Symphony No.96 in D (Miracle)
Symphony No.4 in E flat (Romantic)
London Symphony Orchestra
Reviewed by: Richard Whitehouse
Reviewed: 12 September, 2002
Venue: Royal Albert Hall, London
Almost at the end of this year’s Proms, and what could be more welcome than a coupling of two symphonic classicists, directed by the most classical – that is, interpretatively self-effacing – of present-day conductors.
Although Bernard Haitink is not known primarily as a Haydn conductor, his sane and unaffected approach to one of the lesser ’London’ symphonies is a welcome tonic to the overt point-making of numerous ’authenticists’. Best, in all senses, were the sanguine ’Andante’ (how did Haydn continually avoid blandness in such movements?), and the buoyant ’Menuetto’ – with its elegantoboe writing (a shame though about the restive audience). The outer movements are less interesting only because Haydn produced so many finer such movements in his symphonies and quartets of this period, but Haitink’s approach – incisive but never over-driven – made the most of their appealing character.
Both throughout his career and at the Proms, Haitink has put Bruckner at the forefront of his programming, and this account of the Fourth brought back memories of a memorable Seventh with the LSO at the Barbican some four years ago. The so-called ’Romantic’ is not quite so all of a piece as its successor – but, when given with such unobtrusive rightness as here, has a Schubertian ease all its own. The opening movement unfolded in broadly cumulative paragraphs, spacious and majestic. Some uncertain solo horn work was an unfortunate blemish, and brass playing throughout the work was not without a certain edge, but ensemble was otherwise excellent – with string playing that, in terms of London orchestras at present, is surely in a class of its own.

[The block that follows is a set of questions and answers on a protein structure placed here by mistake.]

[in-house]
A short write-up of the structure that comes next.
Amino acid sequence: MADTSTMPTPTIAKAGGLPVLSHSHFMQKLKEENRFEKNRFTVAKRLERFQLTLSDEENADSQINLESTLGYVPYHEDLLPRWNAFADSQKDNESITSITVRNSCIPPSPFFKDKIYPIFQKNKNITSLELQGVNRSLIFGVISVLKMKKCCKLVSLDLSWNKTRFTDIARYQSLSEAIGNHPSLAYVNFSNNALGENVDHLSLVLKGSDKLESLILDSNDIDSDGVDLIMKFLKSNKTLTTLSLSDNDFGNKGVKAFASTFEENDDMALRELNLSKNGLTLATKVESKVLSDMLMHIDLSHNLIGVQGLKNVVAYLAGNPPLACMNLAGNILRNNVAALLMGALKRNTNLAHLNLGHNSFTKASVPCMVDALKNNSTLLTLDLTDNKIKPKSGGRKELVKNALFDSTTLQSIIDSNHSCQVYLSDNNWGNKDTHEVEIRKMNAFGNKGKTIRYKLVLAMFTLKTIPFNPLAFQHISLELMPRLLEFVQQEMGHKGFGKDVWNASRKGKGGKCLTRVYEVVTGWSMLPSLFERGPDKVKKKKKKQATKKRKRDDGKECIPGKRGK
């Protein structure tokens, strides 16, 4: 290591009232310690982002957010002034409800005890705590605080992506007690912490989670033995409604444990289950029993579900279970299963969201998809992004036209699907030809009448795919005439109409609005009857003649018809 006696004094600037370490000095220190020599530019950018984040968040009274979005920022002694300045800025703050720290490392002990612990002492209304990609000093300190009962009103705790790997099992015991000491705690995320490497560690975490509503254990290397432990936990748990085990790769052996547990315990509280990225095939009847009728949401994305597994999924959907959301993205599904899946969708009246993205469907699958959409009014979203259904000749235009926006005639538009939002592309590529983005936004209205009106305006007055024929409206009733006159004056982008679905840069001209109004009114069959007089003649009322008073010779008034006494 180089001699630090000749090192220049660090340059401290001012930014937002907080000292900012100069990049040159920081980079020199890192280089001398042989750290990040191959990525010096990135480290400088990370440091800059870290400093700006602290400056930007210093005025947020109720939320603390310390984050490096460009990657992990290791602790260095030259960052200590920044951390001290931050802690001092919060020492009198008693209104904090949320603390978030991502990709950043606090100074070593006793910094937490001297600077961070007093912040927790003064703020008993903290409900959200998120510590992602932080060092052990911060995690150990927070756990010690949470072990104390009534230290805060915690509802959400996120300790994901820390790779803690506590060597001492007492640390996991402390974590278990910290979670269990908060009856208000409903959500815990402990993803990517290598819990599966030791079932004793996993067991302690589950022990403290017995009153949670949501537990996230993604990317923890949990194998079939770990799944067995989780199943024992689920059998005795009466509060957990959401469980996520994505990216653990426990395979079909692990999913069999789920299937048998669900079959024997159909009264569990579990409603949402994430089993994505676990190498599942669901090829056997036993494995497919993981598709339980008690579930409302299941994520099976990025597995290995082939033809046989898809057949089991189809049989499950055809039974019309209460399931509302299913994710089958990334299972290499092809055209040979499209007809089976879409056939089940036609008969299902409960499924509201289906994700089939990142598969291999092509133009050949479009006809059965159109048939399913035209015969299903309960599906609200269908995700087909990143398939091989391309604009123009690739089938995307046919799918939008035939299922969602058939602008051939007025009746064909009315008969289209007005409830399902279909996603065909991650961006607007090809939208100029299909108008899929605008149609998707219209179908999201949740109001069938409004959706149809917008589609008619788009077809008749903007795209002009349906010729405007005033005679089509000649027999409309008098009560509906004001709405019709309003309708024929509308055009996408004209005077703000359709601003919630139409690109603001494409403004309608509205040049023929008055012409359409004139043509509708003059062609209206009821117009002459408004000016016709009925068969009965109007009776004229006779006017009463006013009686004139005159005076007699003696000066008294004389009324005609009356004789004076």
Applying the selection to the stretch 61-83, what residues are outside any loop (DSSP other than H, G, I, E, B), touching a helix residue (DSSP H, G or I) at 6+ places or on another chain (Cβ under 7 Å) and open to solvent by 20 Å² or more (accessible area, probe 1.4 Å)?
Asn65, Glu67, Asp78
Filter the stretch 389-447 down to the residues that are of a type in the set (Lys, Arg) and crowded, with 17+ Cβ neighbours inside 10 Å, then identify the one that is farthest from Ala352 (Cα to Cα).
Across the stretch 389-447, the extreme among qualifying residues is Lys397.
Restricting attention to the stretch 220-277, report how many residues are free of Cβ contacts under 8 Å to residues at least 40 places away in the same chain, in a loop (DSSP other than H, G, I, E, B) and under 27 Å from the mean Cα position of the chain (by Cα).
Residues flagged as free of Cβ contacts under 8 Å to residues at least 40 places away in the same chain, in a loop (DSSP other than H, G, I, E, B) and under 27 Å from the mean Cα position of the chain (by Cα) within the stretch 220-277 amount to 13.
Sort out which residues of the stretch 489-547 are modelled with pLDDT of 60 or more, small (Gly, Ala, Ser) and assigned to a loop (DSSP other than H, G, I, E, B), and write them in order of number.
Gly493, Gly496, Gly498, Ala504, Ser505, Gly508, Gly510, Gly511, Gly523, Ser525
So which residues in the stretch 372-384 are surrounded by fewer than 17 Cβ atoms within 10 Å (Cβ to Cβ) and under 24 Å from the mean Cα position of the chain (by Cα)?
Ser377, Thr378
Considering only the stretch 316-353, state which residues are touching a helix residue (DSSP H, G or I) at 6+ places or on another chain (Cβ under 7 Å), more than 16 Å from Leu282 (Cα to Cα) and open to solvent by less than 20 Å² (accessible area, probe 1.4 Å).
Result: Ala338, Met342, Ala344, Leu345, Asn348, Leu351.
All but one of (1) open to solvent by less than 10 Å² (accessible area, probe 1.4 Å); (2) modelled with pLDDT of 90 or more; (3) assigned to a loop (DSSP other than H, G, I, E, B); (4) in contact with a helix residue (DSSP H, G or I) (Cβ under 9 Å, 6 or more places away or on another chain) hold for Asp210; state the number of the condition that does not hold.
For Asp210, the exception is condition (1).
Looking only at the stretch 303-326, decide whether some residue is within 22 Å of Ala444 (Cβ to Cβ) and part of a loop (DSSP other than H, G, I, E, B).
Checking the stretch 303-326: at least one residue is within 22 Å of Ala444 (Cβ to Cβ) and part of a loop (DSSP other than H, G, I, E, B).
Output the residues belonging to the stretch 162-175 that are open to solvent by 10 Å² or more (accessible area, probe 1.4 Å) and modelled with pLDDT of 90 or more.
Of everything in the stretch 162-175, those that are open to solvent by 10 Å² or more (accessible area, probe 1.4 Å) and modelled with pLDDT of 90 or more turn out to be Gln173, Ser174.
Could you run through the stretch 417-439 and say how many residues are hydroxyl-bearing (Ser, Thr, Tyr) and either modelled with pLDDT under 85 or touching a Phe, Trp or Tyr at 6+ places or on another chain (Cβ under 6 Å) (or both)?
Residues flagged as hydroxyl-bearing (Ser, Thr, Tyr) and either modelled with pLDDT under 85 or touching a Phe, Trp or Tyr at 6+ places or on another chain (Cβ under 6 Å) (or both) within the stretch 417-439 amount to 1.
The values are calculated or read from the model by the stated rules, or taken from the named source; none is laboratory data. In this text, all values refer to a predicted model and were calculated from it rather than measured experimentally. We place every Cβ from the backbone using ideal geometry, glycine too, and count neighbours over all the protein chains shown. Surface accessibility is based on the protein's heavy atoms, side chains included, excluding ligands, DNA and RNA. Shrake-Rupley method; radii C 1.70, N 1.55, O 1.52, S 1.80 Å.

The performance was at its best in a wonderfully lucid ’Andante’, unerringly paced and its vast dynamic range scrupulously conveyed, and a biting though never brazen ’Scherzo’ – momentum subtly varied in a way that prevented any feeling of repetitiousness, with a ’Trio’ affecting in its winsome dance motion. Haitink adopted a notably flowing pace for the ’Finale’ – allowing its climactic peaks to emerge naturally, and with the awkward structural join from the development to the reprise securely negotiated. The coda – surely Bruckner’s finest formal afterthought – arrived with that sense of inevitability that marks out a seasoned and a great Brucknerian.
A packed Albert Hall gave Haitink an enthusiastic reception. Modest as ever, he pointedly took the score away with him on his final appearance – the mark of a musician for whom music has always been both the first and last consideration.